For this study we used the main therapeutic-group level. Furthermore, the WHO classification of analgesic drugs was applied: Equivalent subcutaneous doses of oral drugs were calculated by dividing oral morphine doses by 3 and oral haloperidol doses by 2 [ 5 , 25 , 26 ]. The daily dose was calculated as the dose of the prescribed patch divided by the number of days the patch was in place. Insomnia was mainly treated by a single subcutaneous bolus of midazolam or by intermittent boluses.
Data were analysed using descriptive statistics. McNemar test served to detect differences in numbers of patients receiving the 3 most frequently used drugs both at Ta and Td. We limited ourselves to these three drugs to prevent repeated testing with too small samples. Differences in the daily doses of these drugs for patients receiving these both at Ta and Td were evaluated with the Wilcoxon signed rank test. In the study year , patients had been admitted.
Ten had been discharged in the course of and 16 were still alive at 1st January All other patients died in the palliative care centre and were included for analysis. Advanced malignancy, mainly of the digestive or respiratory organs, was the main reason for admission A median of two comorbidities IQR 1—4 had been documented.
Drug prescriptions had not been issued for two patients; one died quickly after admission and stayed for a few hours only, all medications for the other patient had already been discontinued shortly before admission. A total of prescriptions for patients has been extracted, of which were regular prescriptions Morphine, midazolam, haloperidol, butyl scopolamine and fentanyl were prescribed more frequently at Td than at Ta.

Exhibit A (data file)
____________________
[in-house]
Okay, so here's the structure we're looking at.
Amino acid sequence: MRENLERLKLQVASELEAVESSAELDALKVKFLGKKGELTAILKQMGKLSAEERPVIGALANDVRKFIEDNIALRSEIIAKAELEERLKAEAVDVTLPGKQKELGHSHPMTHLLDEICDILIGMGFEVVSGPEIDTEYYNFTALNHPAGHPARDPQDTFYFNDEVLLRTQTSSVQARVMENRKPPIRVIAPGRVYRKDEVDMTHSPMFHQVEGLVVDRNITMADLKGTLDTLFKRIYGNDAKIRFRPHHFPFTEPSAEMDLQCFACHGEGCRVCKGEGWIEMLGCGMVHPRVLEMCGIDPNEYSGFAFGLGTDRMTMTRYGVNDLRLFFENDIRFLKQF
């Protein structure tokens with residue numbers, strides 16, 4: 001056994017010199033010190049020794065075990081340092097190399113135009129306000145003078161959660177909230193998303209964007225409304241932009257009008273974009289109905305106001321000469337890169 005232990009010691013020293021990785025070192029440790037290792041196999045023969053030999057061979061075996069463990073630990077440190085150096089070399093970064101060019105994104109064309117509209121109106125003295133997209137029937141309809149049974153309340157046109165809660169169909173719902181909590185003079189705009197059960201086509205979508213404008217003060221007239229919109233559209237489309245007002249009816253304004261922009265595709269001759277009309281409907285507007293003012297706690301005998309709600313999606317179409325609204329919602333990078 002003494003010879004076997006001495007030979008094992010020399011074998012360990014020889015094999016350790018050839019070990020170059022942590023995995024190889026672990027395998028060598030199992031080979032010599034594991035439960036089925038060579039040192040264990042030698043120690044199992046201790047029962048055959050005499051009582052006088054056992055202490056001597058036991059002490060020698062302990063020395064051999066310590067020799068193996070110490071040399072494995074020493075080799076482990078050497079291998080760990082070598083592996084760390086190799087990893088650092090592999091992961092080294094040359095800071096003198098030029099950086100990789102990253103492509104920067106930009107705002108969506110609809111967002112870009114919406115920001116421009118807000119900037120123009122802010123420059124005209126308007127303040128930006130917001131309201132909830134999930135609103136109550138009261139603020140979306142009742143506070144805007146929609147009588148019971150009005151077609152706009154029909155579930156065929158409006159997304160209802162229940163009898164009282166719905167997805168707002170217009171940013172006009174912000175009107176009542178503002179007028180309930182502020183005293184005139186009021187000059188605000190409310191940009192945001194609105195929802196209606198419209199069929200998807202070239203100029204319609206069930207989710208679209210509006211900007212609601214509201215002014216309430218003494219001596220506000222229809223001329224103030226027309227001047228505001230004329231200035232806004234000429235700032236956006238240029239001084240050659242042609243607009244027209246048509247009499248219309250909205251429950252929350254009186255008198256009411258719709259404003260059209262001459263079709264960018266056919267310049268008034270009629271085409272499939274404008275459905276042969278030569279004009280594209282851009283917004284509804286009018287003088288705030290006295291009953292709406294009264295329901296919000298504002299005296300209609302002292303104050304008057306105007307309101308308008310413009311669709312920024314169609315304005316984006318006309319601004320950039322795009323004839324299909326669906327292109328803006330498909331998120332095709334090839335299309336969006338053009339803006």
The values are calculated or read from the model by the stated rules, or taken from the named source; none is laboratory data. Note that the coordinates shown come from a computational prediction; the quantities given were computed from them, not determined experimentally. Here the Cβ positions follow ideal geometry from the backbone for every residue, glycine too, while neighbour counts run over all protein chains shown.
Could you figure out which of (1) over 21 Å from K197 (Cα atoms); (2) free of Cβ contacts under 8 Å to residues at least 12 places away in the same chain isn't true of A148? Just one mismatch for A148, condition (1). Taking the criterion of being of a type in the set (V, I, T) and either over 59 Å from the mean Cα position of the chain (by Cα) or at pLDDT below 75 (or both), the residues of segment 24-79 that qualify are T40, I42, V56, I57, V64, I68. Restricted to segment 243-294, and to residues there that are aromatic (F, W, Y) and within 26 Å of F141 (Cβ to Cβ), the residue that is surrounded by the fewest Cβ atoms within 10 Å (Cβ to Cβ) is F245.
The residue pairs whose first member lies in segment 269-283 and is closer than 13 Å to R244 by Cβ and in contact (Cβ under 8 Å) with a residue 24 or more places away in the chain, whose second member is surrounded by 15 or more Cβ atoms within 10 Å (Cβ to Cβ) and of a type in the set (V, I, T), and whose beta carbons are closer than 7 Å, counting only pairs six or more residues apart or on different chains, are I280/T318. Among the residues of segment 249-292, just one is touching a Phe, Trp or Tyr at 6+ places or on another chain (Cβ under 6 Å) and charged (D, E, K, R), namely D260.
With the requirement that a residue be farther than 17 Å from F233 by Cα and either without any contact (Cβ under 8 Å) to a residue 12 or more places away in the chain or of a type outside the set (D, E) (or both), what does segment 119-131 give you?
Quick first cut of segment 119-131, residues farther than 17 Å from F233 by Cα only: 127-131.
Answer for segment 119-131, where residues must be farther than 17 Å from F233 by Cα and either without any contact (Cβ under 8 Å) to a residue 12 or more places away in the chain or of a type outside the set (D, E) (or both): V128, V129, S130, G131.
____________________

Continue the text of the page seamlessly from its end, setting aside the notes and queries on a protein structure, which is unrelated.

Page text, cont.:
This increase was most notable during the last week before Td as shown in Fig. Top individual regular drugs in bold at the day of admission Ta and the day of death Td ; given in descending order for the day of death.
Differences in top individual drugs at admission dark grey bars and at day of death white bars ; shown in descending order for the day of death. Three classes were prescribed more frequently at Td than at Ta: While the top at Ta included beta blocking agents, psycho-analeptics and anti-thrombotic agents, those drug classes were not included in the top at Td.
Table S1, see supplement. Percentages of patients with a prescription of the top drug classes at Ta and Td are shown in supplementary Figure S1. Numbers of patients with analgesics classified by the different grouping systems are given in supplementary Table S2.
The two most frequently prescribed opioids, i. The median daily doses of the top-3 drugs at Td were: The three most common routes of administration were: Percentages of patients with prescriptions of solid oral drugs declined from Use of the subcutaneous route increased from Ta Prescriptions of a transdermal drug almost doubled from Ta to Td, from Prescriptions via the various routes of administration at the day of admission Ta and the day of death Td ; given in descending order for the day of death.